The 16 Hours Coat

Where do I start? Do I start with that this my greatest sewing achievement ever? That I, in secret, is happy that this is done and my sewing will not be covered in red lint, although I’m sure I will find it around for a long time to come?

Front view. It has side pockets (I should have made them a bit bigger).

I think I’ll go with awesome. I actually made me a coat! A real coat, with lining and toggles and all that shebang. It all began with that feeling that I wanted to make something a bit more challenging. Then I noticed that my winter jacket, bought in 2011, was ripping. Now surely, being a sewer I could have fixed that. I didn’t, I chose to do a new coat instead. Then the old jacket ripped even further as I was wearing it (it’s the sleeve to bodice seam).

Back view. I like the shape of the coat, but I have some issues controlling the collars.

One of the issues I have had with coatmaking is that I’m slightly allergic to wool, it makes me itch. I don’t know if it’s all types of wool, but quite frankly I did not want to invest in a whole bunch of wool only to find out at the end of the project that the lining doesn’t do enough to keep my skin from crawling. So a polyester substitute it was. I ordered some samples from tyg.se, then I got a newsletter from them alerting a new arrival. I had wanted to make a red coat, but not too red, and now they had a perfect boucle for my project. Combined with quilted, padded lining I started out. The toggles I bought later, from Bibbis textil.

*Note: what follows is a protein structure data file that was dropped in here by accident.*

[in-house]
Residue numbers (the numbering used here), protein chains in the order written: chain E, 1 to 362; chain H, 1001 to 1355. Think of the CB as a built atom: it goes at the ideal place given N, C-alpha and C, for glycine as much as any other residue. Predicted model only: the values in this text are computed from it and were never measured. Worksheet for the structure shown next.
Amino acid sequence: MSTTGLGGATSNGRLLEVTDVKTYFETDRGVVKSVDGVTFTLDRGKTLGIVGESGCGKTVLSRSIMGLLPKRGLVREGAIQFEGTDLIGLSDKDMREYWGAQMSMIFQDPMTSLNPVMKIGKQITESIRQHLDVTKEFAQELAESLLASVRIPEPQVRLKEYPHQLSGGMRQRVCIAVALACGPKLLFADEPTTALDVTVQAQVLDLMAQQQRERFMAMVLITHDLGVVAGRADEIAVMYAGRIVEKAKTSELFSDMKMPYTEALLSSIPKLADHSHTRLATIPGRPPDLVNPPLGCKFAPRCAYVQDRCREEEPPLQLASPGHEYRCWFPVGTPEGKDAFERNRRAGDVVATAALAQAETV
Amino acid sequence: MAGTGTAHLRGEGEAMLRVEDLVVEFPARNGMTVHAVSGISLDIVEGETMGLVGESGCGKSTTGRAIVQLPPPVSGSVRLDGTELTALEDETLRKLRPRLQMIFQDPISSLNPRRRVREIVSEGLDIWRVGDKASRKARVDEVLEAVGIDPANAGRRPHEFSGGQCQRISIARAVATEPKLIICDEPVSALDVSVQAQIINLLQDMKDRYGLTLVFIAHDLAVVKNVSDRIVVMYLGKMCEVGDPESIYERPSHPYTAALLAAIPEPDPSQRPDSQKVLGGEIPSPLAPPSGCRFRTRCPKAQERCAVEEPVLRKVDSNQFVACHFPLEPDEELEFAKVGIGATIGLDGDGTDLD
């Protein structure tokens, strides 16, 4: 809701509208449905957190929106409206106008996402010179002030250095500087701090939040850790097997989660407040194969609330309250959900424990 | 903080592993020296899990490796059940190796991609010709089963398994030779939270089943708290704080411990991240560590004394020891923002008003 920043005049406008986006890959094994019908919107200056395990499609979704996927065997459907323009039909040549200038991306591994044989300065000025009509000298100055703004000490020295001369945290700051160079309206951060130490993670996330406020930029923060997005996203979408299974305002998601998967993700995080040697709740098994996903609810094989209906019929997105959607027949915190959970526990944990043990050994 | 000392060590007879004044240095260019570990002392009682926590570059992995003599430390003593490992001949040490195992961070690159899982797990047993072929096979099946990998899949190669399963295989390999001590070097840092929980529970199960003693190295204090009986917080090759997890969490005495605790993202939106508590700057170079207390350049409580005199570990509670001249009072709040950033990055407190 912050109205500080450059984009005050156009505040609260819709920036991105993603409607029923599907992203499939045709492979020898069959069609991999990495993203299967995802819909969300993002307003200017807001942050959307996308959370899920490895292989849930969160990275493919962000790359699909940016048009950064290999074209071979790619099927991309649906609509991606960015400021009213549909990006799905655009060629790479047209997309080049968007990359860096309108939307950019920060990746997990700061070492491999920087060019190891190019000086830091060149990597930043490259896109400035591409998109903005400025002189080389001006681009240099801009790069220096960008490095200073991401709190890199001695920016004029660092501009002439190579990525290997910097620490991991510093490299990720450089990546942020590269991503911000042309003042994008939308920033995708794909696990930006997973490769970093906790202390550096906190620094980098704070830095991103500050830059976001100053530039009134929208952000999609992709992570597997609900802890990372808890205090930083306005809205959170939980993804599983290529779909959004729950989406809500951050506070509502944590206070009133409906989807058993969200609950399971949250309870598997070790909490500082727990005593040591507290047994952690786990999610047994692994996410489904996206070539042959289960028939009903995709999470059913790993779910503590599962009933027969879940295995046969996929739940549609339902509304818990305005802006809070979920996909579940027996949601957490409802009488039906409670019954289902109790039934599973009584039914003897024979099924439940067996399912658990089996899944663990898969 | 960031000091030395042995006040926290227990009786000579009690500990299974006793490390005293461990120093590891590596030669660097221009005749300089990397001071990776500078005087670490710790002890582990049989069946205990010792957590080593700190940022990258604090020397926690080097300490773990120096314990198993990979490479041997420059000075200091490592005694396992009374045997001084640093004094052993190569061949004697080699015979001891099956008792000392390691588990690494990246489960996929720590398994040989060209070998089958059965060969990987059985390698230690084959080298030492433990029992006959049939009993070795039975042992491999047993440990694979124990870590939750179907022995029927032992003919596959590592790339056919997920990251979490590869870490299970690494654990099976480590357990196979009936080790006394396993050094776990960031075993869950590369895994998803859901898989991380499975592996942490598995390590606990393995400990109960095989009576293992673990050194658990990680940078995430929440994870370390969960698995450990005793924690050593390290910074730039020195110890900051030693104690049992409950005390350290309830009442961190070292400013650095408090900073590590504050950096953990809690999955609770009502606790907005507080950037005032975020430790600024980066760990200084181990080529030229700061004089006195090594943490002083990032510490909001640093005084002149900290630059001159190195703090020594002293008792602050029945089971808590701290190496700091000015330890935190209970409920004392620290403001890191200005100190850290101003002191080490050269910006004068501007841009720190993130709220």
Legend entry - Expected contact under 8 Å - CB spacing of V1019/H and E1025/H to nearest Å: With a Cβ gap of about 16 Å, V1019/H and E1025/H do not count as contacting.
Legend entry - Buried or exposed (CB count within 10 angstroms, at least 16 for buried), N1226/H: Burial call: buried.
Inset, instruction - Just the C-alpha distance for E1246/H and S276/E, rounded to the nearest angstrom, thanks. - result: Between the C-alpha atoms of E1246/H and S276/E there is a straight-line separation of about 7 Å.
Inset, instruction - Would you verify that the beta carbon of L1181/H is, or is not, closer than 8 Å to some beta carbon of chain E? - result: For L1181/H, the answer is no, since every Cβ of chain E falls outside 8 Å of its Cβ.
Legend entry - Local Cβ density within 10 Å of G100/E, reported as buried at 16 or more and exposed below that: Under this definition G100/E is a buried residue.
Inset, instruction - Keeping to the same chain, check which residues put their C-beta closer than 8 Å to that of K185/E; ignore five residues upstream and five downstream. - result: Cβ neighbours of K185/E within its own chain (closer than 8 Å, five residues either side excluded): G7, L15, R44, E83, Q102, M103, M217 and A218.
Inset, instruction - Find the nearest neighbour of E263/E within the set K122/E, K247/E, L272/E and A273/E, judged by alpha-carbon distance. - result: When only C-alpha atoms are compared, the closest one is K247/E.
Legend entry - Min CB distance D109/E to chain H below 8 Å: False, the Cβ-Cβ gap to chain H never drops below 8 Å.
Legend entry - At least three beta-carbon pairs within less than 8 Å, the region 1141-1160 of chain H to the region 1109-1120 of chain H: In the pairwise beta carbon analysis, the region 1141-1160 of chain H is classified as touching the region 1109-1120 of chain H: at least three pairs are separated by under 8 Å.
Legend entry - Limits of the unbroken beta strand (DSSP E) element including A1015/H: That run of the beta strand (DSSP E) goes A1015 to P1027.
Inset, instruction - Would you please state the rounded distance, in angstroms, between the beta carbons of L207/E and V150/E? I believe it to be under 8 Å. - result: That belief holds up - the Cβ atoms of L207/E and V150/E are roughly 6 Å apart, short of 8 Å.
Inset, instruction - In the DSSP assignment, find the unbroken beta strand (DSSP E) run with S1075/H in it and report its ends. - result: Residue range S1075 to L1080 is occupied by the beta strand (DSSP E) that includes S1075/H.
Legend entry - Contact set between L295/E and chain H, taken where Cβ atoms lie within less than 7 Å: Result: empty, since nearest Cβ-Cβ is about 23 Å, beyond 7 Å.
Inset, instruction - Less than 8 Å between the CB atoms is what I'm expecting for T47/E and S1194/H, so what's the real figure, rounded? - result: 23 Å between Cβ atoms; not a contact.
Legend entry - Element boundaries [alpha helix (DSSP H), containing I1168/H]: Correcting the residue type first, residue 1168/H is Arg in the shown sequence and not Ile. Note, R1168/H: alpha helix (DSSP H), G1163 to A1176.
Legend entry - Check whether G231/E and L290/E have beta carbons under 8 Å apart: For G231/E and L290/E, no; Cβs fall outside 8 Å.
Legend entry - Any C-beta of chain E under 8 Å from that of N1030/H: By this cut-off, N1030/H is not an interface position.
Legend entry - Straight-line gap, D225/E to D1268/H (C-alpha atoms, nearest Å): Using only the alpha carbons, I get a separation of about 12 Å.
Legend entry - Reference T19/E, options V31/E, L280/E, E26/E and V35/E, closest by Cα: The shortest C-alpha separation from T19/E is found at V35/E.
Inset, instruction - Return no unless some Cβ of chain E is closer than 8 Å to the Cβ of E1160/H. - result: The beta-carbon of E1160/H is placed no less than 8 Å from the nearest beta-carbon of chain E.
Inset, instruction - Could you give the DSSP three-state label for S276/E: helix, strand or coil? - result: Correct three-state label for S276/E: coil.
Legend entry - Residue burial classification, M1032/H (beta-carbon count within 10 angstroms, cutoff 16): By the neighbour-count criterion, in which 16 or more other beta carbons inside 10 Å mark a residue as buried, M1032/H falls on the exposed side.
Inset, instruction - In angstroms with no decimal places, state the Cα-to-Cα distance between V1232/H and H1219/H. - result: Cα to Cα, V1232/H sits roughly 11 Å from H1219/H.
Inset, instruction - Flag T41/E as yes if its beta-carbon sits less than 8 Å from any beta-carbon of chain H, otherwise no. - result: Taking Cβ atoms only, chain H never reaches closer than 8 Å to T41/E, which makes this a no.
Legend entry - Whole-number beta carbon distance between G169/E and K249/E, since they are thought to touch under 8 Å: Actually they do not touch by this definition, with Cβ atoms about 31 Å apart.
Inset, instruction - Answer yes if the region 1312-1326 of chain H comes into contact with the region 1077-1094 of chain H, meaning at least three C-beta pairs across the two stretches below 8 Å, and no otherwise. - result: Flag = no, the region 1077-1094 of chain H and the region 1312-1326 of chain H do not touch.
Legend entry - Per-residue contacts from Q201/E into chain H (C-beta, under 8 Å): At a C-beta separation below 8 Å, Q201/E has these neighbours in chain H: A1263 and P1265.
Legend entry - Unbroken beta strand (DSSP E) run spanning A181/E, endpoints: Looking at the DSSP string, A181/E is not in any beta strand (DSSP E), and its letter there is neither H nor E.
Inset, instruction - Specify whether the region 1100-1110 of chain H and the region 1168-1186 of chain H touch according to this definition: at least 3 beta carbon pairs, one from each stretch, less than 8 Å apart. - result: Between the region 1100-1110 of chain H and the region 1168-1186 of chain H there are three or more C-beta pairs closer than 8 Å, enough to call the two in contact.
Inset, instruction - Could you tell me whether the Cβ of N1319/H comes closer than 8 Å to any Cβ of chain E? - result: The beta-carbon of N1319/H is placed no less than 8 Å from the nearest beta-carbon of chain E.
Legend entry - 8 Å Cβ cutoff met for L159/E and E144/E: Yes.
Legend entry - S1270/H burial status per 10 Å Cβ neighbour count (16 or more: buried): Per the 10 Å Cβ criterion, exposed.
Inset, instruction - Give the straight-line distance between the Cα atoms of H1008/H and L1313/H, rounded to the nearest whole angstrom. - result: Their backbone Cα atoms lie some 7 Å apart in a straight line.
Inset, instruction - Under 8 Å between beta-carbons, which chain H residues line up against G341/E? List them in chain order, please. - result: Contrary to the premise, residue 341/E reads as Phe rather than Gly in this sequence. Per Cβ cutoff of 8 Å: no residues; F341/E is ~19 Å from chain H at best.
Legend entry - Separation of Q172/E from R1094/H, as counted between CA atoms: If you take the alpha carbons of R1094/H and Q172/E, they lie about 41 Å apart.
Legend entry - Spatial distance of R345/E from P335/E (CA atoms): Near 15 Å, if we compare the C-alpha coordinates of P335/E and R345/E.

Red toggles! And a snap to keep the top closed.

The pattern I used was Simplicity 8262, designed by Leanne Marshall, winner of Project Runway season 5. I found the pattern quite easy to work with, it all came together easily, that is until I had to turn the lining. I could not wrap my head around the instructions, how to fasten the coat to the lining along with sleeves and then turn it. In the I handstitched the “turning hole” in the back bottom as well as the sleeves. It took me around 15 minutes, much shorter than what I had spent deciphering the instructions without luck.

Gold lining. And a sewing room floor. And a foot.

This coat is not perfect. There are flaws that I could have avoided. But it was my first time making a coat and it’s still so cool and I will wear it a lot as it does keep me cozy and warm. The first test run was on a particularly windy day (all days here are windy, so it’s very windy when I say particularly windy) (it also happened to be my birthday, so wearing my coat for the first time was an excellent way of celebrating myself). I made a self-belt, not sure if like it or not also I’m not sure this turquoise scarf is the best colour match. But technicalities. Bottom line: I made a freaking awesome coat!

My own label. Made in Sweden.
I also remembered to add a loop for hanging, it’s not in the pattern

The title of the post? For fun I wrote down how long each session was and what I had done during that session. In the end it added up to 16 hours spent on this coat.

 

 

 

4 thoughts on “The 16 Hours Coat

  1. Congratulations on your coat! I don’t understand why coat and robe patterns don’t include instructions for adding a hook loop. It’s very handy and keeps the coat from getting misshapen if you have to hang it on a hook.

    1. Thanks! I hang my coat on the hanger every day, so it was essential. Another reason to put it in the instructions is that if you miss the opportunity, it is really hard (impossible?) to go back and add it.

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